Yonda had come over and was standing close to me. “I tried to warn you,” she whispered. “She is quite mad: you are in great danger.”

“If you wish to live,” cried Noola, “restore Vanaja; make her a human being again.”

“But I can’t,” I said; “I am no wizard.”

“Then die!” screamed Noola. “Take them out into the courtyard and kill them,” she ordered the warriors.

“That would be very dangerous,” said Yonda.

“Shut up, you fool!” shouted Noola.

“I will not shut up,” retorted Yonda. I had had no idea that the girl had so much spunk; she always looked so frightened. “I will not shut up; because what you wish to do would endanger my life as well as yours. If these men are indeed the agents of Morgas, Morgas will be avenged if they are harmed.”

“That’s right,” said Endar.

This made Noola pause and think. “Do you believe that, too?” she asked Tovar.

“There would be great danger in it,” he said. “I think that we should make them go away, but I do not think that we should kill them.”

Finally Noola gave in and ordered us expelled from the castle.

“Give us back our weapons and we will get into our anotar and fly away,” I said, “nor will we ever return.”

“You cannot have your weapons, with which you might kill us,” objected Noola; “nor can you have your foul, magic ship until Vanaja is restored to us.”

I tried to argue the point, but I got nowhere. “Very well,” I said, “if we have to leave it here, we’ll have to leave it; but you’re going to be very sorry that you didn’t let us take it away, for some day someone is going to touch it.” I stopped right there and let her guess.

“Well,” she inquired presently, “what if someone does touch it?”

“Oh, it won’t hurt the anotar any,” I assured her; “but whoever touches it will die.”

We were taken from the castle and started down the steep trail toward the valley, accompanied by admonitions never to return; but I had left a thought in every mind there that it might be wise to give the anotar a wide berth. I hoped that they would believe me: and why not? People who would believe that human beings could be turned into zaldars, would believe anything.

As we groped our way down to the floor of the valley our situation seemed rather hopeless. At the edge of the river we sat down to discuss our problem and wait for daylight.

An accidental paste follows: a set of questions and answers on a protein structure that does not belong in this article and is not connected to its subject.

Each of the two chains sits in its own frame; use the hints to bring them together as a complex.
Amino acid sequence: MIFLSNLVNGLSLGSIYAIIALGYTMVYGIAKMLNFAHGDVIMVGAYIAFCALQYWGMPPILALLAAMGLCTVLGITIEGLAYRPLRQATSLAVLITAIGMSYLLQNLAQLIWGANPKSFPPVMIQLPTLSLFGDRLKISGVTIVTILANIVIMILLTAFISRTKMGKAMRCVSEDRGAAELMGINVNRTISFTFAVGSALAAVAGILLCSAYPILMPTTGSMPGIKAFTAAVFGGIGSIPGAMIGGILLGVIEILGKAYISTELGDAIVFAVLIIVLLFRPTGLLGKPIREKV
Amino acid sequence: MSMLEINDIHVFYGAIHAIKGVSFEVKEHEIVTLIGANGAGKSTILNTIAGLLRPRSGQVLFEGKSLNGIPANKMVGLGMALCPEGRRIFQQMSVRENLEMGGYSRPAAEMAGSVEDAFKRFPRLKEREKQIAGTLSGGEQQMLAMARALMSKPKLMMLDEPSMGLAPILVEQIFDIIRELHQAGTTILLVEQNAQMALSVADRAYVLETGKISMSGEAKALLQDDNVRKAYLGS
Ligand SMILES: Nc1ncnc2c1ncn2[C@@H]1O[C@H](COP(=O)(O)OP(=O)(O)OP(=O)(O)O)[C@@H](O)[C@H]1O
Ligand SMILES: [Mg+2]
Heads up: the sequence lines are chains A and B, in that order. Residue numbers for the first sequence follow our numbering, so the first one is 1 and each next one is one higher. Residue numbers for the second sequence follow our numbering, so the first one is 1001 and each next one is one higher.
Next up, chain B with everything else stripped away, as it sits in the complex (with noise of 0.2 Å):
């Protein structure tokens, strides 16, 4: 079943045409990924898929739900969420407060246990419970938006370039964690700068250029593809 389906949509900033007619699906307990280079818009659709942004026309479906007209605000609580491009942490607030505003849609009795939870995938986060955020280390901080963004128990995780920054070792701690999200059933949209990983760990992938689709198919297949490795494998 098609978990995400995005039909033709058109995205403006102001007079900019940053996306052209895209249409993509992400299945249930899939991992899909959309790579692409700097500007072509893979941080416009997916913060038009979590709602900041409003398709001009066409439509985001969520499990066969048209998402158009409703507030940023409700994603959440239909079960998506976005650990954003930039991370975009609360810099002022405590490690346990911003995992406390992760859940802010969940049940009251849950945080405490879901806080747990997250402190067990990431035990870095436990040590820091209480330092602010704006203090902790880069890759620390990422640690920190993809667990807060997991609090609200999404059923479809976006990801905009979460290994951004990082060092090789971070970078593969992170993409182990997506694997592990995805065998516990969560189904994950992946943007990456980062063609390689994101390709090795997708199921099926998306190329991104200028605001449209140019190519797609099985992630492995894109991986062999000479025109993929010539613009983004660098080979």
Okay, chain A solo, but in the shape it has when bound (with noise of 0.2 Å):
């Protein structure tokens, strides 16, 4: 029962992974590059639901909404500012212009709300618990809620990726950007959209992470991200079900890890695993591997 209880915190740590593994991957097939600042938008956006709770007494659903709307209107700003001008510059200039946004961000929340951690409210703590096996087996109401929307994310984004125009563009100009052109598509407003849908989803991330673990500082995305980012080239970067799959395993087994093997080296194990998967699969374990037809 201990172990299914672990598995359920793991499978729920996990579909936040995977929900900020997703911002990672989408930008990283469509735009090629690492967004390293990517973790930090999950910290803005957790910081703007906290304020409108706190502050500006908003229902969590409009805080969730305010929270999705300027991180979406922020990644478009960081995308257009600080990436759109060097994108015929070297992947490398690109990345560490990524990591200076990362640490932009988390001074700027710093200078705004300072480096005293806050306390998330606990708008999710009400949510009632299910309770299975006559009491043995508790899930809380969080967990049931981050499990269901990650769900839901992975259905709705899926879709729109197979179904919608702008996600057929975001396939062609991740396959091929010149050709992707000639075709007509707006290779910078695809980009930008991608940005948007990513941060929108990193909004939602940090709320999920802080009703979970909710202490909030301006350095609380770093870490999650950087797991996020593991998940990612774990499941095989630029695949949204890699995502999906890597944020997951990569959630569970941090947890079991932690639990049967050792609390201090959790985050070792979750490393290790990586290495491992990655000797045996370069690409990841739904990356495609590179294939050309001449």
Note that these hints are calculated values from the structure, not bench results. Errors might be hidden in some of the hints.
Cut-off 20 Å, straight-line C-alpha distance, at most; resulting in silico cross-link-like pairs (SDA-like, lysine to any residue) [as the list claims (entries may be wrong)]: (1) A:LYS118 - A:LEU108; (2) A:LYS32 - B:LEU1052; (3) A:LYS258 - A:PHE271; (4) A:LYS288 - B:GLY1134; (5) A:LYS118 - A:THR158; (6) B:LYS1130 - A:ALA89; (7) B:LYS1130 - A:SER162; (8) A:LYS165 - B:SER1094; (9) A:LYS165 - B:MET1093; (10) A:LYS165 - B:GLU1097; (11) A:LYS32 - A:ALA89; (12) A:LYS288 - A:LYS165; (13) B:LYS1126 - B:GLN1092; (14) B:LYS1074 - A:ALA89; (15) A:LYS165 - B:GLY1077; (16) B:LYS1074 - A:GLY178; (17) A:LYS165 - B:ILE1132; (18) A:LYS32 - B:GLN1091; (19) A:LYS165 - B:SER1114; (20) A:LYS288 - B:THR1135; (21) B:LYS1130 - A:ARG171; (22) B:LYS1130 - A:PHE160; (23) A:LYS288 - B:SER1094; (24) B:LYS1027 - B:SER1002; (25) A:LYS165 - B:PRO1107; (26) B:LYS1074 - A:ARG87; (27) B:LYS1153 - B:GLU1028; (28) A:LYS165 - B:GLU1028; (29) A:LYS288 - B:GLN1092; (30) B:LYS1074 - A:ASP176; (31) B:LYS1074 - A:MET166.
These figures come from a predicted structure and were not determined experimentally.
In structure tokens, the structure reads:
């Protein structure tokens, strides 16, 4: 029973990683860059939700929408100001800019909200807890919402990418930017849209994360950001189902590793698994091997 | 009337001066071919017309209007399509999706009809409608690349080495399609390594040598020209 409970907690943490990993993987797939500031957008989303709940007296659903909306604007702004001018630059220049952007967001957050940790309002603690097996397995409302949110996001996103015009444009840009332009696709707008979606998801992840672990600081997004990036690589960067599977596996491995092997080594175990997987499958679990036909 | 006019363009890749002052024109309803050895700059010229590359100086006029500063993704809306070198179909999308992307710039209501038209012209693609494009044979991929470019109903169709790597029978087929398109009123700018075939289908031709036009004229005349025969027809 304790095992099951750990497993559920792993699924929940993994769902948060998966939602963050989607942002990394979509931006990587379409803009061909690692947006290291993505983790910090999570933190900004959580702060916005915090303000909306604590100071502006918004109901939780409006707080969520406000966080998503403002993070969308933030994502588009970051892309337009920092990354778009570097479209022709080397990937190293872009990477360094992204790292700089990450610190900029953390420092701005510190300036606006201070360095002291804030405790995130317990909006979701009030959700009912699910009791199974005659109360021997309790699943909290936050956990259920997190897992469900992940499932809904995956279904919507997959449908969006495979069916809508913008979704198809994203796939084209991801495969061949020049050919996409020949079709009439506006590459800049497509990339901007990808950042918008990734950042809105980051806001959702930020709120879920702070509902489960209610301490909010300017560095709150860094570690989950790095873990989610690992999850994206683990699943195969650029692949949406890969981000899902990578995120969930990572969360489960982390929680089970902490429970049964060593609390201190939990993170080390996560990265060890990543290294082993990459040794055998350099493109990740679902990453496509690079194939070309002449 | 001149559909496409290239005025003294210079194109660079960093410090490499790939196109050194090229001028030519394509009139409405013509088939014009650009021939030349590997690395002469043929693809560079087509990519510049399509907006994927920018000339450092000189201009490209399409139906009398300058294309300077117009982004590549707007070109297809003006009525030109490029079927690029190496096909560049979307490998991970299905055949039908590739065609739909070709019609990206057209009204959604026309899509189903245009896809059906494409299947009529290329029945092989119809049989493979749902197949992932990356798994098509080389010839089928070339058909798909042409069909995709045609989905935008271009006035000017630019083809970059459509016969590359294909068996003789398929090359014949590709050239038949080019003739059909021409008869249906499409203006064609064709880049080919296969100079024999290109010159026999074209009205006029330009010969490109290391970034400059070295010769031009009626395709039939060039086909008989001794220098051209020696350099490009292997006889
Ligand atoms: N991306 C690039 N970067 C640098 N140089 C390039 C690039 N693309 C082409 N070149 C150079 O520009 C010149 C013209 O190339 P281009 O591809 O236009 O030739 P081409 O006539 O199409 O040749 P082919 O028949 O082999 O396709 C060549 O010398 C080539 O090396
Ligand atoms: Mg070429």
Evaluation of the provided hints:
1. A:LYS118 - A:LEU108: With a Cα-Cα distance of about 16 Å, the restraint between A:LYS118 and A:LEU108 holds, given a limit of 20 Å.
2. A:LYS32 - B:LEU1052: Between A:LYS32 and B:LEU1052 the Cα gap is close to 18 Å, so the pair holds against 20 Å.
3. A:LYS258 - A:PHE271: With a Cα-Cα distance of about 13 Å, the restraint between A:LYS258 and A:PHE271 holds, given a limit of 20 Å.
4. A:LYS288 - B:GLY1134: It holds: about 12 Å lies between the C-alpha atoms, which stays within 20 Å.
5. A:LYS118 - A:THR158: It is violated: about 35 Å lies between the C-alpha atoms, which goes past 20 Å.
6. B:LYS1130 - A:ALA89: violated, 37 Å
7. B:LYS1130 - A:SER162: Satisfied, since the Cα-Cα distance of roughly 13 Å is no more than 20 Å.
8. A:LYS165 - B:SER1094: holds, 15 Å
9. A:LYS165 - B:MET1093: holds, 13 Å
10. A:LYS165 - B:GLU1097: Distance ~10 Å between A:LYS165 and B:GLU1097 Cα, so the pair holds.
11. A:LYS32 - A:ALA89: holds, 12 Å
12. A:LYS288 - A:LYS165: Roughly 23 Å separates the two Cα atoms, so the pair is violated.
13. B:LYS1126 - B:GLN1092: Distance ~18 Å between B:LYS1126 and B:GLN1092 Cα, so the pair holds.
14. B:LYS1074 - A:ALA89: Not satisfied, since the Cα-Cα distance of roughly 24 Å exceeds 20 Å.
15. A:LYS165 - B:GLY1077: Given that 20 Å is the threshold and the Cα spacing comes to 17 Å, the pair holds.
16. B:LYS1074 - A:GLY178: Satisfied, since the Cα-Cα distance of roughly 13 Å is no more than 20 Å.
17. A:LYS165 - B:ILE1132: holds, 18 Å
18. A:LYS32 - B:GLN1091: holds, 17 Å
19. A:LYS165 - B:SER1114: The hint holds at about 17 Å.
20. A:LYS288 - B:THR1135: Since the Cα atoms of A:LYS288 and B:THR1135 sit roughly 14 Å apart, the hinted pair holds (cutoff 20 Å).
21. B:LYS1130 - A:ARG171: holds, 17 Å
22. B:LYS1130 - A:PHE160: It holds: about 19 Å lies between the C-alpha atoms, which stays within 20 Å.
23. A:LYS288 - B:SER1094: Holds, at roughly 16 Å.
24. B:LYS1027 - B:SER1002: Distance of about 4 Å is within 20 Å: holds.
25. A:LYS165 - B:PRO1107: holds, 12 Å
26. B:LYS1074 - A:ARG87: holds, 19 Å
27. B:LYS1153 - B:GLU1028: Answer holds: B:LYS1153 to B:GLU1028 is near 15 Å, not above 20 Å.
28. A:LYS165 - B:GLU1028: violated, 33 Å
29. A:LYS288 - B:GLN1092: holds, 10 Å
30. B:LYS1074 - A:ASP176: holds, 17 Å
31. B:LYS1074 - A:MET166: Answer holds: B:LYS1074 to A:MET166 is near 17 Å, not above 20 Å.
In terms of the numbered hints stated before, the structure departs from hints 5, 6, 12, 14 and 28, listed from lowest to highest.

“You and I are in a fix, Ero Shan,” I said: “unarmed, friendless, and five thousand miles from Korva with no means of transportation across unknown and unmapped lands and at least one ocean.”

“Well,” he said, “what are we going to do about it?”

“The first, and as far as we are concerned, the only consideration is to get the anotar back.”

“Of course, but how?”

“Rescue Vanaja and return her to her parents.”

“Excellent, Sir Galahad,” he applauded with a grin; “but Vanaja is already in a pen behind their castle.”

“You don’t believe that, Sir Gawain, do you?” I demanded.

“Of course not, but where is she?”

“If she is alive, Morgas must have her; therefore we go to Morgas.”

“Can it be possible that insanity is contagious!” exclaimed Ero Shan. “If you are not crazy, just why would you contemplate placing yourself in the power of an insane criminal?”

“Because I do not think that Morgas is insane. As far as I have been able to judge, I should say that he is probably the only sane and intelligent person in the valley.”

“How do you arrive at such a conclusion as that?”

“It is quite simple,” I said. “The other three families were stealing Morgas’s zaldars. Morgas already had a reputation as a wizard; so, banking on that, he started this cock-and-bull story about turning their relatives into zaldars. Thereafter, no one would kill or eat a zaldar; so Morgas’s herds were safe and he was able also to take over the abandoned herds of the others.”

Ero Shan thought this over for a while, and at last he admitted that I might be right. “It’s worth trying,” he said, “for I can’t think of any other way in which we can get the anotar.”

“Let’s start then,” I said; “there’s no use waiting for daylight.”

 Table of content